Pump Perception

August 17, 2011

(Illustration found here).

Yesterday, I put another $20 worth of gas in my Jeep, this time at $3.99 a gallon, which is a dime drop since the last time a couple of weeks ago.
Oil prices, after making a drastic dump early last week, are apparently working back upwards again.
From liveoilprices this morning: In London, Brent crude oil futures for October 2011 delivery was trading at $109.69 a barrel, 07.45 GMT this morning on the ICE Futures Exchange. The September Brent contract expired yesterday.
And WTI likewise: US Light crude oil futures for September 2011 delivery was trading at $87.34 a barrel, 07.25 GMT this morning in electronic trading on the NYMEX.
Just more than a week ago, Brent crude was down to $105 a barrel and WTI had descended to $81 a barrel at the same time.

In this most interesting age we currently live, one of the most important aspects of actual living is being aware of what’s happening around us, and understand the perilous legs upon which mankind now stalks its future.
One of my personal fears is delusion, especially self delusion — not being fully conscious of events nowadays can be dangerous.
My children sometimes tell me I’m too pessimistic, that there’s always a silver lining to a dark-ass cloud.
Wrong, not this time, kids.

There’s no historical precedent for the now.
Never in human events has such a perfect set of perfect storms come together to form a breaking point — peak oil, climate change, an international financial operation feeding off itself, a US political system so broken its near un-workable.
In this conflagration, one must have situation awareness on a grand scale, which in reality involves being aware of what is happening around you to understand how information, events, and your own actions will impact your goals and objectives, both now and in the near future.
If you’re not, then expect shit to lap up to your eyeballs.

There’s a good post at The Big Picture on awareness vs forecasting and a rundown on the most-excellent/dumb-ass pundits the last decade of so — never the twain of truth shall meet.
A couple of snips:

Situational awareness (see e.g., this and this), on the other hand, is all about knowing “what you need to know not to be surprised,” and having “the ability to maintain a constant, clear mental picture of relevant information and the tactical situation…”
It’s making sense of the world around us in real-time, whereas forecasting is an attempt to extrapolate those current events to figure out some future outcome.
In the real world, the latter (situational awareness) is an easier task than the former (forecasting). It’s hard to imagine a decent forecaster not having good situational awareness; those folks with bad situational awareness make for awful forecasters.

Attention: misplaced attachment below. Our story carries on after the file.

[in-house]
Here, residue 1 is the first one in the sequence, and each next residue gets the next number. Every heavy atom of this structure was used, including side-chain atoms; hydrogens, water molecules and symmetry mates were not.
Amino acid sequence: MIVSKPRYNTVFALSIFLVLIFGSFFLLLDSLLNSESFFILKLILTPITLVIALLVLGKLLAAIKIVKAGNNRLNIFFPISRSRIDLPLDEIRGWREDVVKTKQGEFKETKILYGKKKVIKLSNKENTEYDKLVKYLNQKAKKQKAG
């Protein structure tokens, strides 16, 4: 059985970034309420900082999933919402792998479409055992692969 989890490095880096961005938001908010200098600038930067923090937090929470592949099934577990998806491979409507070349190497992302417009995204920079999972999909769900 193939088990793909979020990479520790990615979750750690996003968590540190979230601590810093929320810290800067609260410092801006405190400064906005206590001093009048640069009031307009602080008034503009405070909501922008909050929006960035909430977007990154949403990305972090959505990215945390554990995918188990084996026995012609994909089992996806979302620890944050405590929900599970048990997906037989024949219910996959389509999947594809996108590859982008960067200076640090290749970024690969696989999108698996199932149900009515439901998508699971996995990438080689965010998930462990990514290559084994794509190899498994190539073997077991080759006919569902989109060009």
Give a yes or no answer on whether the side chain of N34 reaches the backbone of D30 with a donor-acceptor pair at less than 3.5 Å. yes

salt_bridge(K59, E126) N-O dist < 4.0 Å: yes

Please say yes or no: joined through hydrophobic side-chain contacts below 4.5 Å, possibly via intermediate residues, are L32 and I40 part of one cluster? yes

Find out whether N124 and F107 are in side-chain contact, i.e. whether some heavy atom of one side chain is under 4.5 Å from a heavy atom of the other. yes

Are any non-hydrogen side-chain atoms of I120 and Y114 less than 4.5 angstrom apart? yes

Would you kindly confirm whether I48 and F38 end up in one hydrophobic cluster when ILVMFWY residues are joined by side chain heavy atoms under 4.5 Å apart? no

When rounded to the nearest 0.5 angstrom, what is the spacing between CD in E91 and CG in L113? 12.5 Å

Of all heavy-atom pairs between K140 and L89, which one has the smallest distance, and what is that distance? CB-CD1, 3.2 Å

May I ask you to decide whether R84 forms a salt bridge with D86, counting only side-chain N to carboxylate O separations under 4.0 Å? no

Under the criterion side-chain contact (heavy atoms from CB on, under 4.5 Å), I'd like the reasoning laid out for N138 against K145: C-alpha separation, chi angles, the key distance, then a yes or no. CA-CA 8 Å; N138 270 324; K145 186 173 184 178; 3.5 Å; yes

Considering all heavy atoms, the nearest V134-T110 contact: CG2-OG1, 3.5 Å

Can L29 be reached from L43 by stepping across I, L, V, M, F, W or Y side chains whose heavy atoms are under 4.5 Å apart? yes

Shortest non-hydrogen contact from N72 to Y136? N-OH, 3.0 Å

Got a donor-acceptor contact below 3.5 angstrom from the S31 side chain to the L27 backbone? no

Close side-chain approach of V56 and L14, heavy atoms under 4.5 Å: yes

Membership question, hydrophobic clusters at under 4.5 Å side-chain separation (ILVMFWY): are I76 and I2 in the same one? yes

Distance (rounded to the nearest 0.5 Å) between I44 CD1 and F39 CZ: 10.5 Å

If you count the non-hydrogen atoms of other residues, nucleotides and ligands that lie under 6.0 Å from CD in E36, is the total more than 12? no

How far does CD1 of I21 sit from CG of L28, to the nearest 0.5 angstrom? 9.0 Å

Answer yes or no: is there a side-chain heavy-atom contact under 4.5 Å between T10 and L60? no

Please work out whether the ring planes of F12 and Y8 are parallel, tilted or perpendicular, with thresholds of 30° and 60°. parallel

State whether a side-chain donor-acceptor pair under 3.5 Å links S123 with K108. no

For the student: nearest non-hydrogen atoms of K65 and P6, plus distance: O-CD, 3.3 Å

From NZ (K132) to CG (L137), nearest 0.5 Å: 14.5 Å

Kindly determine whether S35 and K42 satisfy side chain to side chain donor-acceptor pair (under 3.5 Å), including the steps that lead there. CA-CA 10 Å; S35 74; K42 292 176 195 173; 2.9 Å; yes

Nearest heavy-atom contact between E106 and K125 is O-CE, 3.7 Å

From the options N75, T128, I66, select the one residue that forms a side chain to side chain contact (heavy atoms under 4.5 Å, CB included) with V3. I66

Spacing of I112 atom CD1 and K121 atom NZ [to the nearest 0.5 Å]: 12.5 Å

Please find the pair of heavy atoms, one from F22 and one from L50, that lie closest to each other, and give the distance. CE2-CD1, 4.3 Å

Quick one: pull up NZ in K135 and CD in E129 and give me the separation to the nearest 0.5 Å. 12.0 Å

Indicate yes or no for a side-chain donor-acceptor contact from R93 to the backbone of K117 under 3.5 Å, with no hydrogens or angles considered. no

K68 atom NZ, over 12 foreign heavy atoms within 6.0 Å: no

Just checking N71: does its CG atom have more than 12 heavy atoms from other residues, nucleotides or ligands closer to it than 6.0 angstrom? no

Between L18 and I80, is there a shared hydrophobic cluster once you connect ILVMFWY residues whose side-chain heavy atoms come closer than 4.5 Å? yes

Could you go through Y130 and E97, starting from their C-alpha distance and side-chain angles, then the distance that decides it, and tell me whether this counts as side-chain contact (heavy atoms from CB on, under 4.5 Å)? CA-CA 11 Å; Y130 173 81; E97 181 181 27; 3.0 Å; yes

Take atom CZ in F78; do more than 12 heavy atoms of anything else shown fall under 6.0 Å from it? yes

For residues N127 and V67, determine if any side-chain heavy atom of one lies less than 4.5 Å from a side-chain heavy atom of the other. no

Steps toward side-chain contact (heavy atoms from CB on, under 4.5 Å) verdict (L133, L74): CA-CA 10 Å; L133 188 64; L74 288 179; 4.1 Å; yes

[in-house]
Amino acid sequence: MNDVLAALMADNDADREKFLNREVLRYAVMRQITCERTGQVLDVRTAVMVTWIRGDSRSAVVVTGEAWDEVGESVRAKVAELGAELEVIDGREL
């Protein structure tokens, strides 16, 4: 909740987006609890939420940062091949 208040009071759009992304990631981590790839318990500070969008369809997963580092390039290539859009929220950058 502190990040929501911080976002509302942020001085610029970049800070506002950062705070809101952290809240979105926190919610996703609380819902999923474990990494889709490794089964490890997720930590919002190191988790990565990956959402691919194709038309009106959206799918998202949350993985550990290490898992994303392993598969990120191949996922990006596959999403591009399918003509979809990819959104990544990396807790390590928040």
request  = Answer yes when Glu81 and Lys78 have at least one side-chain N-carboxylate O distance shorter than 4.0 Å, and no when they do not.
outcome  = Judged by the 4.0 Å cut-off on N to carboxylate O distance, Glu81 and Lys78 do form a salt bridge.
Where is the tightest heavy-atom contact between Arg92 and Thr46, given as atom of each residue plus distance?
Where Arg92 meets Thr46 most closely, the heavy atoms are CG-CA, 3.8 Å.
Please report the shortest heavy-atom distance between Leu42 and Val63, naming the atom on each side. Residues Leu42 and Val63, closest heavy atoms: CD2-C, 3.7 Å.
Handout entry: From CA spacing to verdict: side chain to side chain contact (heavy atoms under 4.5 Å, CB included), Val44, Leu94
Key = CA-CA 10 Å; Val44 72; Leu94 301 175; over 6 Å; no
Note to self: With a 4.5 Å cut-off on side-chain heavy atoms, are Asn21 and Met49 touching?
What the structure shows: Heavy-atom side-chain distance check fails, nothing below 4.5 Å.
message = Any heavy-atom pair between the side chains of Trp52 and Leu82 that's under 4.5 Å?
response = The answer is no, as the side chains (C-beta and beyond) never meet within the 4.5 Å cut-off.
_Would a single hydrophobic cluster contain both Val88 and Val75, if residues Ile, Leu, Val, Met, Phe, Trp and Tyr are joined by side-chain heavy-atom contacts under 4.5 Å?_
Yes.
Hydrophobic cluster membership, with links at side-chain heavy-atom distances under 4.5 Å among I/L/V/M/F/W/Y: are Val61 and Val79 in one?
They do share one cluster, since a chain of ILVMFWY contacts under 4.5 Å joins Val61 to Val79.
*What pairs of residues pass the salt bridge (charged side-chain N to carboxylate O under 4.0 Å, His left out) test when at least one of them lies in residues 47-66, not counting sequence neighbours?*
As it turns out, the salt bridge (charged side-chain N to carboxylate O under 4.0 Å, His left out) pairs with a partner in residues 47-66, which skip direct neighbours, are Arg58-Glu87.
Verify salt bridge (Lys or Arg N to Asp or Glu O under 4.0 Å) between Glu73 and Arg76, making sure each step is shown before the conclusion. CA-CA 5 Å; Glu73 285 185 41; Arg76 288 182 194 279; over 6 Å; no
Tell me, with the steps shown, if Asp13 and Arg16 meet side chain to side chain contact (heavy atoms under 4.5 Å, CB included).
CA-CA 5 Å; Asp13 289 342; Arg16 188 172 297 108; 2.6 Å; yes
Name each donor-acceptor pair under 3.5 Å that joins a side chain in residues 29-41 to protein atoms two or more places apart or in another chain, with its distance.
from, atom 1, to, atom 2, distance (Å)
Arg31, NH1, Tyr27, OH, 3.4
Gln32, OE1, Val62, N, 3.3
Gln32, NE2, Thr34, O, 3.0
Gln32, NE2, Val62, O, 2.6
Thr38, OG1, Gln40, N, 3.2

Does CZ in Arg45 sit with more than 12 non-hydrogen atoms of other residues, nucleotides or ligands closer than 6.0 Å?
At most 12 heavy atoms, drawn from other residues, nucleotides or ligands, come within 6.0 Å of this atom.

And a for instance:
Tim Geithner, our current Treasury Secretary blubbering in May 2007:

“Financial innovation has improved the capacity to measure and manage risk.
Risk is spread more broadly across countries and institutions.”

And a guy with some forecasting sense, Paul Krugman, in December 2007:

“But the [financial] innovations of recent years — the alphabet soup of C.D.O.’s and S.I.V.’s, R.M.B.S. and A.B.C.P. — were sold on false pretenses.
They were promoted as ways to spread risk, making investment safer.
What they did instead — aside from making their creators a lot of money, which they didn’t have to repay when it all went bust — was to spread confusion, luring investors into taking on more risk than they realized.”

Guess the right-on guy.
Read the whole post — you’ll go WTF, these assholes were in charge?

One can see from the past that predictions can be awful.
Another for instance is Michael Pupin, who blubbered out in 1931:

This civilization is the greatest material achievement of applied science during this memorable period. Its power for creating wealth was never equaled in human history.
But it lacks the wisdom of distributing equitably the wealth which it creates.
One can safely prophesy that during the next eighty years this civilization will correct this deficiency by creating an industrial democracy which will guarantee to the worker an equitable share in the work produced by his work.

The income level in the US currently way-sucks: “Income inequality in the United States is at an all-time high, surpassing even levels seen during the Great Depression.”
One percent owns 40 percent — that right?

And now if only Michele Bachmann can understand the difference between Elvis dying and Elvis being born, we’ll be A-Okay.

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